Only about one-quarter of American adults eat three or more servings of vegetables a day. If you are in the majority who does not, you are missing out on major benefits, as consuming fresh vegetables is one of the key cornerstones to optimal health.
Although I am convinced virtually everyone would benefit from some animal protein in their diet, I firmly believe we all need to eat large amounts of fresh, high-quality vegetables every day to achieve high-level health. Some of us need far more than others.
Most vegetables are not very calorie dense and as a result they probably should constitute the bulk of your diet by volume. Even though my diet is 70 percent fat by calories, if you were to spread out all the food I eat in a day, the largest volume of food would be vegetables.
There is little that compares to the nutritional value of organic, raw vegetables, and according to new research, eating your greens may be even more important than previously imagined.
The Importance of Eating Your GreensResearchers at Walter and Eliza Hall Institute's Molecular Immunology division have discovered that a gene, called T-bet, which is essential for producing critical immune cells in your gut, responds to the food you eat-specifically leafy green vegetables. According to the press release:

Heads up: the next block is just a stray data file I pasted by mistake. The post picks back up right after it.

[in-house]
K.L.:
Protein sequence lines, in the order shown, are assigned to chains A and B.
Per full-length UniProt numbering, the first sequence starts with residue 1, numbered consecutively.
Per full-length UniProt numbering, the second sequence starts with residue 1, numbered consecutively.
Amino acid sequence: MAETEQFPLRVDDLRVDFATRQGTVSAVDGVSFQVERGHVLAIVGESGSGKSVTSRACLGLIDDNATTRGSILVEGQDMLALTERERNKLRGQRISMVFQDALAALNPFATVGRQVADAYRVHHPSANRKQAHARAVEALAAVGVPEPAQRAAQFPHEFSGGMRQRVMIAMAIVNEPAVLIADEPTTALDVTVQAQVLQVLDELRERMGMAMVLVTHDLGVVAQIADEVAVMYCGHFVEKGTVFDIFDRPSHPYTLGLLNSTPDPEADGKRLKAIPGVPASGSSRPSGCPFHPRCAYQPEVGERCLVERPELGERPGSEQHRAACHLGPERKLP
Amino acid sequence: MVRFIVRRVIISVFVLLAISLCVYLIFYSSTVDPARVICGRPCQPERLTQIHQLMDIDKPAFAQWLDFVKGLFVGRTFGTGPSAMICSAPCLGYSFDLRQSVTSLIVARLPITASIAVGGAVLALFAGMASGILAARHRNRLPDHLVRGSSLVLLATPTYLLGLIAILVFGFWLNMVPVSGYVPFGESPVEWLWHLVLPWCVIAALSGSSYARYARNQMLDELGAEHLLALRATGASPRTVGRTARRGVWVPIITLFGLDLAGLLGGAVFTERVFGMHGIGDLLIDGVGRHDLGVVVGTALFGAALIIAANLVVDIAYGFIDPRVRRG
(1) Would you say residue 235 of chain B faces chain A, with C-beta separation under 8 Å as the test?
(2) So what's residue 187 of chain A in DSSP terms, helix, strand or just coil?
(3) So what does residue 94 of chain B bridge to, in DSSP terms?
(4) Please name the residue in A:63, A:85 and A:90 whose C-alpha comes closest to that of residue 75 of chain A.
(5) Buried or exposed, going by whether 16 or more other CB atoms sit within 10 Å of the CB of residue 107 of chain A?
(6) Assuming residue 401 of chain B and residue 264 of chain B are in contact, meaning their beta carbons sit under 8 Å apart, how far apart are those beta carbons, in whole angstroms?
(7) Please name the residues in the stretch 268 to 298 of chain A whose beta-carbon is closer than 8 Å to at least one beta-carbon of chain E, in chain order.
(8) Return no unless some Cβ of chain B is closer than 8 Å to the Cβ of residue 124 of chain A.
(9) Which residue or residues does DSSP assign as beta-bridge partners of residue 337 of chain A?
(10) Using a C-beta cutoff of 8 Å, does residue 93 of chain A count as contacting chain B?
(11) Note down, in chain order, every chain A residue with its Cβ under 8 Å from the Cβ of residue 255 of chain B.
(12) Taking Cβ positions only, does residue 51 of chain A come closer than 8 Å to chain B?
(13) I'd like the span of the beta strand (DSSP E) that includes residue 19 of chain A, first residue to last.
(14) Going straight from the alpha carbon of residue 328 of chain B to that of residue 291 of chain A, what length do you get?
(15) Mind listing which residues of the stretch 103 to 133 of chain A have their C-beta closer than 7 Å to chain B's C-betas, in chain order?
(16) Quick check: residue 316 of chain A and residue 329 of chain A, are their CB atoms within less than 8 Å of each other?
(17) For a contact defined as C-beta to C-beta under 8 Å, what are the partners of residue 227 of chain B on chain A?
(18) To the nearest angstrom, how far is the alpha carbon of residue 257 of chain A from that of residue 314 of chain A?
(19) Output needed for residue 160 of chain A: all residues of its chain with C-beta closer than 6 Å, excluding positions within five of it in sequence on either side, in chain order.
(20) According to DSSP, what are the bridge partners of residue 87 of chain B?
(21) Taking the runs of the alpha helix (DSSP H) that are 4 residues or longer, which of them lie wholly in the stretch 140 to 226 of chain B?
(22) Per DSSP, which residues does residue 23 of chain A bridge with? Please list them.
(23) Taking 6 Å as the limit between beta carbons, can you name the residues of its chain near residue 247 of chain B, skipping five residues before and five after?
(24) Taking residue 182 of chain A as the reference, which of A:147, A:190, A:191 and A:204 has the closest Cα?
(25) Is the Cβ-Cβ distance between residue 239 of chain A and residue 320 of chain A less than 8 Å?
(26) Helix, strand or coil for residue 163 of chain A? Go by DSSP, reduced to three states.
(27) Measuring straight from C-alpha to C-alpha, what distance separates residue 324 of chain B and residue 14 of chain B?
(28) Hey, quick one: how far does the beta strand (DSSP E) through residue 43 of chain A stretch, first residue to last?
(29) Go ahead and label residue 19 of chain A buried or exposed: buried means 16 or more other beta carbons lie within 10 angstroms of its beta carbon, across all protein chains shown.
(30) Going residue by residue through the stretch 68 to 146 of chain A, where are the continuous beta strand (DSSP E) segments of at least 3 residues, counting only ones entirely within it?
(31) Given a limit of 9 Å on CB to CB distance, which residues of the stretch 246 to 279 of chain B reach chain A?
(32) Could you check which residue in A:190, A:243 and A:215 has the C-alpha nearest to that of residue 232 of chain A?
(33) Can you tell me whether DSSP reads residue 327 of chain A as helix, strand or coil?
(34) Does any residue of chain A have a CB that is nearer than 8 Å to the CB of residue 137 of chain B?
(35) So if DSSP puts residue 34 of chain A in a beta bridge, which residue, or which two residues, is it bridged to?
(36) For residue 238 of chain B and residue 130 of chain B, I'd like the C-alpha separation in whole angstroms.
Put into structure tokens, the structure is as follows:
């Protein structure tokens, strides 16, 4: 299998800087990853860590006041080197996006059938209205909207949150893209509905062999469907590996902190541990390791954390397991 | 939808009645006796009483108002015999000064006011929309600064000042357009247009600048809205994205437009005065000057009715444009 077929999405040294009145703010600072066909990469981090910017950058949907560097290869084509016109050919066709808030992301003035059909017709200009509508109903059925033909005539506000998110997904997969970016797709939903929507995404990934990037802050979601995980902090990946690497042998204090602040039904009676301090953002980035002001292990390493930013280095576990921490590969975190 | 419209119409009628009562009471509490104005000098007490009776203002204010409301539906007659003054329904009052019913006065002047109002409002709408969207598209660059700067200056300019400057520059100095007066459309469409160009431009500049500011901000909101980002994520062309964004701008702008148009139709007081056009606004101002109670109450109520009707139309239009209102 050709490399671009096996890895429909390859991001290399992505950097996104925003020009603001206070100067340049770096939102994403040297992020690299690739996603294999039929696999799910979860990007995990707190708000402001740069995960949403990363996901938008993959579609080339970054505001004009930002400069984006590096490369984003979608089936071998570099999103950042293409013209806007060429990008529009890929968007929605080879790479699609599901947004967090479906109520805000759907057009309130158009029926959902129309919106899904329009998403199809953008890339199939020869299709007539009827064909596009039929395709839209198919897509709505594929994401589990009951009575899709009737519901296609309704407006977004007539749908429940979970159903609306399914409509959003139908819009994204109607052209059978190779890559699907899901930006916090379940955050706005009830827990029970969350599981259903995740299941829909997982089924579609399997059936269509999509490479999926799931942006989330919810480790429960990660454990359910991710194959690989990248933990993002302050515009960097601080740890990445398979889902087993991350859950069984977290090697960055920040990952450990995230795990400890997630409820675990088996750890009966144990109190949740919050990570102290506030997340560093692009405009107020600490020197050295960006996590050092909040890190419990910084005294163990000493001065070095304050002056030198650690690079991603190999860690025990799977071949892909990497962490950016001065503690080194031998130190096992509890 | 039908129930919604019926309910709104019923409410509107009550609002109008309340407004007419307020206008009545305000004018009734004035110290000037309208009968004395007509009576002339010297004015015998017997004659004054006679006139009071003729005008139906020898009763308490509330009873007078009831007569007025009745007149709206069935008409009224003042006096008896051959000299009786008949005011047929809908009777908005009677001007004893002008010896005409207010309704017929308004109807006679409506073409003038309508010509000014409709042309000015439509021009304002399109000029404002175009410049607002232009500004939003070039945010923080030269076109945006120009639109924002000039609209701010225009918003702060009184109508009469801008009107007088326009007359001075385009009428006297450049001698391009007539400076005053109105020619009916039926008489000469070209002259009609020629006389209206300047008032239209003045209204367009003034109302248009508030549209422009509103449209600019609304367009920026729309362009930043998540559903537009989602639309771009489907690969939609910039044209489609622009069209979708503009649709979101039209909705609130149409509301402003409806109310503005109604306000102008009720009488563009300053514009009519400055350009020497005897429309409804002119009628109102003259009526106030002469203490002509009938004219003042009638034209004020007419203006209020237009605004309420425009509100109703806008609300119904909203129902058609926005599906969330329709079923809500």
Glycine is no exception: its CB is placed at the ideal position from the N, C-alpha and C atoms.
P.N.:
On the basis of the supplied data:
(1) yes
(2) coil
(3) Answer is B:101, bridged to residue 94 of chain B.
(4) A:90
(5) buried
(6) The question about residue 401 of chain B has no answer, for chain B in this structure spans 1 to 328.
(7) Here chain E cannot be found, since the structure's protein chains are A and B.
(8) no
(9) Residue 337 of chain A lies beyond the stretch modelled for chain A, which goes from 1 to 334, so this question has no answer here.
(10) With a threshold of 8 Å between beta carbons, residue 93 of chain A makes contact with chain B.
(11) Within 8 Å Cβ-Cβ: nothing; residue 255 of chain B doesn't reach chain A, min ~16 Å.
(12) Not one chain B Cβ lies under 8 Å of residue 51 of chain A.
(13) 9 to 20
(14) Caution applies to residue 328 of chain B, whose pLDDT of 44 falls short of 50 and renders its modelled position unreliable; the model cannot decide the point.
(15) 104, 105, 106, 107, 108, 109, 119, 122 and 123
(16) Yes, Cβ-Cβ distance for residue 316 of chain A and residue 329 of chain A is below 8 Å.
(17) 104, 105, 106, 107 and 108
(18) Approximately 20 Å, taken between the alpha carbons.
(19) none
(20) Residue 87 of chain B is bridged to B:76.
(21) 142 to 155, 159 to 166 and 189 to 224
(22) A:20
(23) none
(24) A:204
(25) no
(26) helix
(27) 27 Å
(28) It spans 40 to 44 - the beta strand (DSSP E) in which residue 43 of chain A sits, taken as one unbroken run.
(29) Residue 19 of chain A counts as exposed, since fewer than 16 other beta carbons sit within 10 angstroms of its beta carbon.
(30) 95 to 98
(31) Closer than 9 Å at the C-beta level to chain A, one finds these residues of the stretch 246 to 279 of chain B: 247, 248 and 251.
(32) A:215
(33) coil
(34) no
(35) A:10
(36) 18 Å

"The immune cells, named innate lymphoid cells (ILCs), are found in the lining of the digestive system and protect the body from 'bad' bacteria in the intestine.
They are also believed to play an important role in controlling food allergies, inflammatory diseases and obesity, and may even prevent the development of bowel cancers.
... [T]he research team revealed T-bet was essential for generating a subset of ILCs which is a newly discovered cell type that protects the body against infections entering through the digestive system.
'In this study, we discovered that T-bet is the key gene that instructs precursor cells to develop into ILCs, which it does in response to signals in the food we eat and to bacteria in the gut,' Dr Belz said. 'ILCs are essential for immune surveillance of the digestive system and this is the first time that we have identified a gene responsible for the production of ILCs.'"